Cookies and GriefJan 04, 2022
How far would you travel for a cookie?
How far would you travel for a cookie?
I drove outside Montreal for an hour to find one particular cookie at one particular bakery. Why? It was my late father's favorite…and I wanted to grieve for him by eating baked goods.
Food and the Feinglos Family have always gone hand in hand, and I'm certain I'll be writing a lot about grieving through food this year. Some families went camping – we did not. We went out to restaurants. Some families played board games together – we did not. Dad and I would cook together. Some families allowed picky eating habits – we did not. Period.
Eating anything and everything was a badge of honor in our family. The rule was: you always had to taste it. If you didn't like it, it was ok. There was just a touch of disappointment on Dad's face after he'd cooked dinner.
(Case in point: when Dad would cook anything involving mushrooms, I'd always try a bite of a mushroom, hoping, PRAYING that maybe my taste buds had evolved. He'd watch me try with bated breath. I never did like them until my 20s, and so my father would always make me a separate little pan of tomato sauce before he put all the mushrooms in for him and my brother. He was never spiteful about it. Juuuuust a little disappointed.)
Okay but back to these cookies, though. My father's favorite cookie was a sweet, bready raisin cookie from a long-standing bakery in St. Sauveur. As a child, I remember driving out there with Dad only once and experiencing their magic in-person. But he managed to tell so many people about his love for the cookies over the years that when folks knew he was coming to town, someone (a cousin, my grandfather, etc.) would have driven out to grab some cookies in honor of his arrival. When my brother moved to Montreal, he would drive out and express mail packages of the cookies to Dad for his birthday every year. Dad would freeze them and savor each one over the course of months.
If you're curious about the cookie, yourself, my mother's first cousin (my first cousin, once removed! I had to Google that!) Marcy is a professional baker and many years ago, at my father's adorable urging, she did her best to replicate the recipe after some research back in 2003. There is also a very sweet intro before the recipe that explains the story behind the cookie and its connection to our family.
My father was always joyful about good food. He would say "MMM!" out loud and kind of punch his fist in the air. "Boy, that's good!" As my brother likes to say, our father was just a little boy from the 1950s sometimes. When he ate those raisin cookies, it took him to another place in his mind.
So, I made the cookie pilgrimage myself, to grieve. I spoke my crappy French at the bakery. I cried at the taste of something that reminded me so much of my father in moments of pure joy.
And they were delicious.
The 2003 Recipe for Country Bakery Sour Cream Raisin Cookies, from my first cousin once removed, Marcy Goldman of BetterBaking.com
In St. Sauveur, a picturesque little village about 40 minutes north of Montreal, there is a 100 year old bakery called Page’s Bakery. It is known for warm bread, wonderful pies, and great big raisin cookies. My cousin-in-law Mark Feinglos, who lives in North Carolina, is addicted to these cookies and begged for a recipe (not that he does not tote back a ton of them anyway when he comes to Montreal on a visit with his kids, Becki and Daniel). Mark had these cookies while he courted my cousin Susan Goldman. They honeymooned in St. Sauveur and yes, raisin cookies are part of the post-wedding memories :). I have not yet had the cookies but recently spoke with Jonathan Livingstone of Page Bakery. We agreed we bakers should meet and will be doing a raisin cookie/biscotti exchange soon. In the meanwhile, here is a great raisin cookie I created for my cousins – to tide them over until I figure out an exact replication and before their supply of frozen Page raisin cookies runs out. This makes a big boulder of a cakey cookie with crisp edges. It is bulging with raisins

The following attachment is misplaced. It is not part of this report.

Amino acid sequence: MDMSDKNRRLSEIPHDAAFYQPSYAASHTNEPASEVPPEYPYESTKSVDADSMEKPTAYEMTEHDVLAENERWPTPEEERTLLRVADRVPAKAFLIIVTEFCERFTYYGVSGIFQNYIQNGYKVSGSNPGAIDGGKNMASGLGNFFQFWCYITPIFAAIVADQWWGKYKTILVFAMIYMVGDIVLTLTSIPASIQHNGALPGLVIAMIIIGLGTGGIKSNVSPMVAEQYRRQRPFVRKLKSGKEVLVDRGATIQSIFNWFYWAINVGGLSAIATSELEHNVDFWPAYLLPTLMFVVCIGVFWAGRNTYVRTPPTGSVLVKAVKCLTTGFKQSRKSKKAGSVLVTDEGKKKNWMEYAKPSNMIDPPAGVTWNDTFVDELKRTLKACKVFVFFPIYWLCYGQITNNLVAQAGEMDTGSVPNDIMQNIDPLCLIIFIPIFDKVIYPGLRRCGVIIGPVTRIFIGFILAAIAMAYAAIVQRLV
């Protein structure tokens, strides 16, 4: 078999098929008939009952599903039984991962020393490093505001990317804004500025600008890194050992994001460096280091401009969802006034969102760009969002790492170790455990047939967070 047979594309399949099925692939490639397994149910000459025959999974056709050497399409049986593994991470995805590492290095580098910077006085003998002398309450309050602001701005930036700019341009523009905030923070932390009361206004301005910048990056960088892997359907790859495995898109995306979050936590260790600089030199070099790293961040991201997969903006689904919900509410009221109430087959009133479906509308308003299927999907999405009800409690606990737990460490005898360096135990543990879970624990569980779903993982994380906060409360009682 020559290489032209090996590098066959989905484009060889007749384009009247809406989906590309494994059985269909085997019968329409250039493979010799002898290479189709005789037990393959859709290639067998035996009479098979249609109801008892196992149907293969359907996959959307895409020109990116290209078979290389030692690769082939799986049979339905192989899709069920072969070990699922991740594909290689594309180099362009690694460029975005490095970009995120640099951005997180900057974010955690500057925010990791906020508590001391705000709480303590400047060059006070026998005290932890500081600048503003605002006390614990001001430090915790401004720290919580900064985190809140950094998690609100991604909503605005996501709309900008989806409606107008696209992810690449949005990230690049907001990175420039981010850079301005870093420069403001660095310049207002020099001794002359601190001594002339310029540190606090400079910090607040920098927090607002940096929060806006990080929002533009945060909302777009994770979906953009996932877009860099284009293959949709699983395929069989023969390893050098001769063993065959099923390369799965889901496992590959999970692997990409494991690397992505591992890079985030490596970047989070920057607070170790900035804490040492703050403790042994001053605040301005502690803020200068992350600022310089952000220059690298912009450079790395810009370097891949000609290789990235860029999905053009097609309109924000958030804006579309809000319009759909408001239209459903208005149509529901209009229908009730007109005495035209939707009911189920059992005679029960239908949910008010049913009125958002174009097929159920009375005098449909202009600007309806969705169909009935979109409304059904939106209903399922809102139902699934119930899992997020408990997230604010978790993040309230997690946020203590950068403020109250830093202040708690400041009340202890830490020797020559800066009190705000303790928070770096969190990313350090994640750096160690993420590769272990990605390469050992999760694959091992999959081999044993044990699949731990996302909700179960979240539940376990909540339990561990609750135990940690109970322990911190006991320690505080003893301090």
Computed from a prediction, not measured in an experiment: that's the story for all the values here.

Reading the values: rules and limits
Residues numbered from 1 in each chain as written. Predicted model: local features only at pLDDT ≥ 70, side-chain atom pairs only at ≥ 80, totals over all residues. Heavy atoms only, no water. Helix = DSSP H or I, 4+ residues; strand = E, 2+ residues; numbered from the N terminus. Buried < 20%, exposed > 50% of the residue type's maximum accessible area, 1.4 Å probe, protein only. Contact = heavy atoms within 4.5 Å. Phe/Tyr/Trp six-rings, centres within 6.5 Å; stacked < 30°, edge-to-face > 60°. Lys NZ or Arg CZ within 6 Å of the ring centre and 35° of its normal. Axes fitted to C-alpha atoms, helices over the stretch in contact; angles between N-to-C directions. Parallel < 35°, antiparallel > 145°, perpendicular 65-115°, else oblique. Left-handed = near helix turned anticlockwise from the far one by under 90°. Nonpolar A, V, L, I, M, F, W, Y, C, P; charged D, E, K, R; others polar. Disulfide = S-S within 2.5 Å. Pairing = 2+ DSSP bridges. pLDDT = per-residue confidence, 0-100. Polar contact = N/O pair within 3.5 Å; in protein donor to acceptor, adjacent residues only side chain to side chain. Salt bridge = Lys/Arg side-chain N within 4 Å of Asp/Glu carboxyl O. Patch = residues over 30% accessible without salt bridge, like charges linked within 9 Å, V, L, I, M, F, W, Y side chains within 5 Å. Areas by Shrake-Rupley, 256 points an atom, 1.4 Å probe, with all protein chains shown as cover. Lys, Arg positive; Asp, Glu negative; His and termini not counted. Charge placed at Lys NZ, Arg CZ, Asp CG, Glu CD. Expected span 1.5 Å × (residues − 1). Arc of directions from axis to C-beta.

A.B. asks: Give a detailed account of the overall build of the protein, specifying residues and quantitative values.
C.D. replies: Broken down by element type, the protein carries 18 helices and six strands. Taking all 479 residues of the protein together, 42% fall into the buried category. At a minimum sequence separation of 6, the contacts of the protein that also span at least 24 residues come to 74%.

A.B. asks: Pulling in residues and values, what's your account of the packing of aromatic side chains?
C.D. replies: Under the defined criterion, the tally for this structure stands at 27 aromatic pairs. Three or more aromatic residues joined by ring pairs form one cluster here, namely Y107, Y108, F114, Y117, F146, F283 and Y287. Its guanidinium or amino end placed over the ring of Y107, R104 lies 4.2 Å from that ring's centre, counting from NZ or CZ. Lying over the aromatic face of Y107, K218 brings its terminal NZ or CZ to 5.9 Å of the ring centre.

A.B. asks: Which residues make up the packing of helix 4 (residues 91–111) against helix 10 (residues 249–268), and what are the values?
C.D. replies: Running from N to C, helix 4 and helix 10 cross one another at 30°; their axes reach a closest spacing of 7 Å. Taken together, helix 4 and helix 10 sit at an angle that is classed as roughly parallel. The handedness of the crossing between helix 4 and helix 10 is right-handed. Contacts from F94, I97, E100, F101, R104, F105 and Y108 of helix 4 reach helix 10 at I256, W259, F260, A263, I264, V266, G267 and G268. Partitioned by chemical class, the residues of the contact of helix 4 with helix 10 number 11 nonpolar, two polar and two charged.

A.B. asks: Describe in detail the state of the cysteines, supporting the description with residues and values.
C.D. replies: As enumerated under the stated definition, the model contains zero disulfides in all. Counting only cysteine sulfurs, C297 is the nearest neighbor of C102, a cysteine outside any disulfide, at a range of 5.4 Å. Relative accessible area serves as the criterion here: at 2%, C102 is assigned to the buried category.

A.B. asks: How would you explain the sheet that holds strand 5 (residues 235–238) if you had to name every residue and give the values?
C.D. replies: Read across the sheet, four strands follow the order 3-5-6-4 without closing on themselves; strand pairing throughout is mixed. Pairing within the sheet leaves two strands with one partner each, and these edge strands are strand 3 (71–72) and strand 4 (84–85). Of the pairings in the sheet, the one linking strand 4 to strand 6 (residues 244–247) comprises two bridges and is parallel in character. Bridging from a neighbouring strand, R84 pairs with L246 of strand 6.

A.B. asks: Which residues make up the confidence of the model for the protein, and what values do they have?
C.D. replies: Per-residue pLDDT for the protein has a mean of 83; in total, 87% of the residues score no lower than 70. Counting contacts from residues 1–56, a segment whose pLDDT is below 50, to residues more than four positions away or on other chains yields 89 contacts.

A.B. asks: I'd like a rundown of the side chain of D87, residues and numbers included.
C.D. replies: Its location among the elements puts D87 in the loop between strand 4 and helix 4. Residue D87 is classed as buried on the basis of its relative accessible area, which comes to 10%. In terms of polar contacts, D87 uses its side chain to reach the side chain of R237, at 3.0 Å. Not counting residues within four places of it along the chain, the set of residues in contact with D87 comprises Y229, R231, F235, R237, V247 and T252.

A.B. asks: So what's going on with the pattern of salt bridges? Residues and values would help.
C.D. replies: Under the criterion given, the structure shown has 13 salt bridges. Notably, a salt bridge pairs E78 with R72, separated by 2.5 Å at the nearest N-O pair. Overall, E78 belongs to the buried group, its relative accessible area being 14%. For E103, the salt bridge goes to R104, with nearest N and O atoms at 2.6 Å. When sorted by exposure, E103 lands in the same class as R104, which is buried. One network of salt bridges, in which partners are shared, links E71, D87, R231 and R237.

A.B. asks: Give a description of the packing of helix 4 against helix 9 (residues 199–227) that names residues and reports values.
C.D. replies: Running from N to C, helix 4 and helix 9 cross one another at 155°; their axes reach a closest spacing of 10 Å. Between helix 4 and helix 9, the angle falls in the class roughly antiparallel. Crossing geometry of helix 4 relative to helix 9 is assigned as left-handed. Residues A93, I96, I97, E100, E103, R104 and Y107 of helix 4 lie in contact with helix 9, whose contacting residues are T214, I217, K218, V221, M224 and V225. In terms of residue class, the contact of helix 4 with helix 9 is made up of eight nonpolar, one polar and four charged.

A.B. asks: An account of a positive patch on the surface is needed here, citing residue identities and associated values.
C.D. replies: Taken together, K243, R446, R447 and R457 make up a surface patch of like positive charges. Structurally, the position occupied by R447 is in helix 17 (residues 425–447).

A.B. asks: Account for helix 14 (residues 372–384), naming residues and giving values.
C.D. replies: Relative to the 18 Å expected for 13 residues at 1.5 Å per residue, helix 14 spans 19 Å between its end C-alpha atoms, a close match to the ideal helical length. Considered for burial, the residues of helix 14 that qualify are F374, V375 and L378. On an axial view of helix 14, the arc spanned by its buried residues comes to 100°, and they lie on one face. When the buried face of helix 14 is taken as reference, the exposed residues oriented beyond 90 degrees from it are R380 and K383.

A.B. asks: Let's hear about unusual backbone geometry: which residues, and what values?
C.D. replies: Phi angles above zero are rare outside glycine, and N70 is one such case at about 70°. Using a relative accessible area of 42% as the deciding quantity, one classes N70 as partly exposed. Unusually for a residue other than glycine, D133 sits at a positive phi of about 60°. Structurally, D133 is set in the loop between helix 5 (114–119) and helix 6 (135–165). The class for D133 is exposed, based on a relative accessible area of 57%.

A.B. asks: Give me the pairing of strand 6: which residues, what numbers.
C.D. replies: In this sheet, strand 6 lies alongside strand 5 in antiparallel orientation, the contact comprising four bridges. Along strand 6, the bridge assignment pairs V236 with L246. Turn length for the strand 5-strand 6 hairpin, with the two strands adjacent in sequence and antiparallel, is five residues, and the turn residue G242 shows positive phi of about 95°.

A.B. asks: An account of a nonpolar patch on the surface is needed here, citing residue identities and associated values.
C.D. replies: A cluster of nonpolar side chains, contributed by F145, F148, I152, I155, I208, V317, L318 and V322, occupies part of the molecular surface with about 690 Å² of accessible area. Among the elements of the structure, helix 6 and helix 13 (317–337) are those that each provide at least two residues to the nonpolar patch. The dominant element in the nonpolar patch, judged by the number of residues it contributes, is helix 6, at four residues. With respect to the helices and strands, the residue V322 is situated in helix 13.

and a warm, subtle, bakery flavor and fragrance that comes from a long time ago. If you wanted these spicier, I would add 1 tablespoon of molasses and up the spices and add a touch of lemon zest. In days past, these were probably called Raisin Jumbles. No one makes cookies like this anymore! Page divulged that their recipe takes sour cream – and so this one does too. This recipe is my gift to my American cousins and in loving memory of my cousins Susan and Pam, and those special, warm holiday times that always featured us three ‘Goldman girls’
Country Bakery Sour Cream Raisin Cookies
1 ½ cups raisins
1/2 cup brown sugar, packed
1 teaspoon pure vanilla extract
1 ½ teaspoons baking powder
¼ teaspoon baking soda
pinch cinnamon, nutmeg
2 cups all-purpose flour
Preheat oven to 350 F. Line two stacked baking sheets with parchment paper.
Cover the raisins with boiling water and let stand 10 minutes. Drain well and dry on paper towels.
In a large bowl, cream the sugar and butter (or shortening) until fluffy.
Add in egg, vanilla and sour cream and blend well.
Fold in dry ingredients and then the raisins.
Drop in large gobs (abut 2 – 3 inches apart) on the baking sheet.
Bake 15-17 minutes until edges are browned and cookies are just beginning to colour or get barely golden.
Cool well before eating.
Makes about 1 dozen substantial cookies.
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